When rays reach an incident angle just less than the critical angle they will only be partially transmitted, and the unwanted reflected ray component will emerge further along the waveguide in such a way as to blur adjacent pixels. However, the reflected component emerges at a steeper angle than the first, and one way to avoid blurring is to space the translucent screen at such a distance from the waveguide that both ray components coincide as they hit the screen. The disadvantage of this is that it makes the whole display even thicker, and the modified displays of this invention are required in any case to be thicker than normal in order to preserve étendue.

Preferably, therefore, a set of opaque louvers 8 is placed over the tapered waveguide 7 as shown in FIG. 6, so as to pass that component of rays 10 transmitted when the ray is first incident at less than the critical angle, but to block the reflected ray component 11. A scattering element 9 such as a phosphor or refractive surface should be placed at the end of each louver, and provided the scattering elements are kept small then most ambient light 12 will be absorbed by the louvers. Alternatively the elements 9 can be emissive, such as a phosphor activated by short-wavelength, possibly UV, input light. The result is a thin screen which has no blurring and a good contrast ratio but needs no anti-reflection coating.

Claims

1. A tapered-waveguide optical apparatus including:

an input waveguide in the form of a slab, the input waveguide comprising a first input end for injection of light such that it bounces along the input waveguide and travels to a first output end; and
an output waveguide having two opposed main faces and a second input end for receiving light at various angles of incidence from the input waveguide,
wherein the output waveguide is arranged to allow light to propagate a certain distance by reflection within the output waveguide at successively steeper angles of incidence on said opposed main faces and then to emit the light over one of the faces of the output waveguide when the angle of incidence at that one face exceeds the critical angle for total internal reflection;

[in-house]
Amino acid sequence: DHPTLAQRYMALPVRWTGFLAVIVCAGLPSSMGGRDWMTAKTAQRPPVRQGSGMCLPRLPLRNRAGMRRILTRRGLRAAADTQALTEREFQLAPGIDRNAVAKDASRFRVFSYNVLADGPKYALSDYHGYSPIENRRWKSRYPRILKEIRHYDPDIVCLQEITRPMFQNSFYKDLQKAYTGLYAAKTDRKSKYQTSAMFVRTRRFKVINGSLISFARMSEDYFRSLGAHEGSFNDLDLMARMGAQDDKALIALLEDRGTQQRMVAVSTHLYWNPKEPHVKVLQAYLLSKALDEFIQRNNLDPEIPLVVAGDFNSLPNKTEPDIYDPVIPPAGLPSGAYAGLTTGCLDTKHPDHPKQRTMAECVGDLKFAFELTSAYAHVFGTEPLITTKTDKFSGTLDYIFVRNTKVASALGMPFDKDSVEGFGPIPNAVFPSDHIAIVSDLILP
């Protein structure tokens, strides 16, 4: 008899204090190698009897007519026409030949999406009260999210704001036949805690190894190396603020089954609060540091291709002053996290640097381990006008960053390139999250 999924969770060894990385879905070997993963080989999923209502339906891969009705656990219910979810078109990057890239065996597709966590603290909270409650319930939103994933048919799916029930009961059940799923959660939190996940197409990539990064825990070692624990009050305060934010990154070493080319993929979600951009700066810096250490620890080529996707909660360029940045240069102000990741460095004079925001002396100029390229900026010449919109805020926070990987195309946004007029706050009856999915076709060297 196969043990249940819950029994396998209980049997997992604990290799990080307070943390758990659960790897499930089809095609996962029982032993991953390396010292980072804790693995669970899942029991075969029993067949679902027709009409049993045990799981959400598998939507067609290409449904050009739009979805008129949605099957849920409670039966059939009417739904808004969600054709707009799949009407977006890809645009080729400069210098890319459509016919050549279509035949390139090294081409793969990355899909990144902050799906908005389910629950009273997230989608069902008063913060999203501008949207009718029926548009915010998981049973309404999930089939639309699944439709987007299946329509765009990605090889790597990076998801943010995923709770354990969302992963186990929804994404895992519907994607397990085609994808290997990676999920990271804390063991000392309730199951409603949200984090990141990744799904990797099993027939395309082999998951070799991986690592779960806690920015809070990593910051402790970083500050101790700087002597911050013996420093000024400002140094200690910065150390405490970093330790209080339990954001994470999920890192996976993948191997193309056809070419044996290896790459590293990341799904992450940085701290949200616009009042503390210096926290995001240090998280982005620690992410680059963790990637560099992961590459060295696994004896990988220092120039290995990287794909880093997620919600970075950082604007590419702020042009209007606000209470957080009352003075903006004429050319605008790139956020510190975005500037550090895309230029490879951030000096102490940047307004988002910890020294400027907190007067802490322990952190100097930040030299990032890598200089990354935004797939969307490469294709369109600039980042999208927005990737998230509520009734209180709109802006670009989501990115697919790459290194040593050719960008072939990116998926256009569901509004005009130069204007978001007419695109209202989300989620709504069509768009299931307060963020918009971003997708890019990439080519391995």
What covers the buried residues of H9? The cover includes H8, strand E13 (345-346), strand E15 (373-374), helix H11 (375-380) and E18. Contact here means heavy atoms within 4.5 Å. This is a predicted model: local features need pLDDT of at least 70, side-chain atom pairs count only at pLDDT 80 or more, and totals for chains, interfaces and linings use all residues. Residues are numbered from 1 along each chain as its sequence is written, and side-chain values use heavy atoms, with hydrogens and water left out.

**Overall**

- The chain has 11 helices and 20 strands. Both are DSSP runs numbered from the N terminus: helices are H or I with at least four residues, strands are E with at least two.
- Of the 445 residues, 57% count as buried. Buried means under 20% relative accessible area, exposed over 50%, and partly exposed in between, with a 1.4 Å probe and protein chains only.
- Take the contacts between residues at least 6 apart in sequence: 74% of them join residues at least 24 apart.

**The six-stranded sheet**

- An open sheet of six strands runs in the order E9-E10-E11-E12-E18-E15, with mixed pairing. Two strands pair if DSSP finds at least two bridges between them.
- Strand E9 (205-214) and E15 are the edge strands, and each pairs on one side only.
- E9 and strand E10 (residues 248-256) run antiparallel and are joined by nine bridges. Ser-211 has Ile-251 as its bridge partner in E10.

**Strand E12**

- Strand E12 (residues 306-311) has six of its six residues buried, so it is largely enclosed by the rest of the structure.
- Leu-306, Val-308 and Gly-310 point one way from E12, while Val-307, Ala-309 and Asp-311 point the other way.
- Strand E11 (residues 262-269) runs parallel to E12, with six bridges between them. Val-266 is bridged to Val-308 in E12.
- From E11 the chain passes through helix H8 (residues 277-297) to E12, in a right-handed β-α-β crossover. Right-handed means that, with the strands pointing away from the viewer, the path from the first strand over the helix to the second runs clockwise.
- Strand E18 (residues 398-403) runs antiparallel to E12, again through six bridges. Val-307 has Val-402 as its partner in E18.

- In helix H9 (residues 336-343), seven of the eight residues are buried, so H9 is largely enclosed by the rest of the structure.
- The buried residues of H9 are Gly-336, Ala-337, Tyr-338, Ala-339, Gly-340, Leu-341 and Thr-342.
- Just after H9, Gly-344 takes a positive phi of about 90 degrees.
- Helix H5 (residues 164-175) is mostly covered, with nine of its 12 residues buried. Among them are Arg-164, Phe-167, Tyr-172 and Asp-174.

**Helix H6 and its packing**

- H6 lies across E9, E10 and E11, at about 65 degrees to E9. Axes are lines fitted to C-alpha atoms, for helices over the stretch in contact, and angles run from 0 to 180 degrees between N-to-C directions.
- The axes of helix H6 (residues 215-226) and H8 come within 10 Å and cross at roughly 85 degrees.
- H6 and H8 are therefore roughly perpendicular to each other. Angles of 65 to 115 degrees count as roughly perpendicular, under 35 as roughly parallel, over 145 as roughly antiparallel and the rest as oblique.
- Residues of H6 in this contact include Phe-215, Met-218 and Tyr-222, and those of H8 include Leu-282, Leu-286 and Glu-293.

in which the output waveguide's thickness profile is such that the light of different angles of incidence at said second input end bounces the same number of times in total, on passing through the two waveguides, before leaving the output waveguide.

2. An optical apparatus according to claim 1, in which the input waveguide is a flat rectangular cuboid.

3. An optical apparatus according to claim 1, in which the two waveguides are made of the same material.

4. An optical apparatus according to claim 1, further including a collimating element directing the light between the input waveguide and the output waveguide so that, resolved in the plane of the output waveguide, the light travels substantially parallel.

5. An optical apparatus according to claim 1, further including a screen over the output waveguide for spreading the emerging light to increase the viewing angle.

6. An optical apparatus according to claim 5, in which the screen comprises louvers inclined at an angle suitable for passing the emerging rays, and diffusing elements between the louvers.

7. An optical apparatus according to claim 1 and including a video projector arranged to inject an image into the input waveguide, so as to form a display.

8. An optical apparatus according to claim 1 and including an effective point source of light, the apparatus thus acting as a planar light source.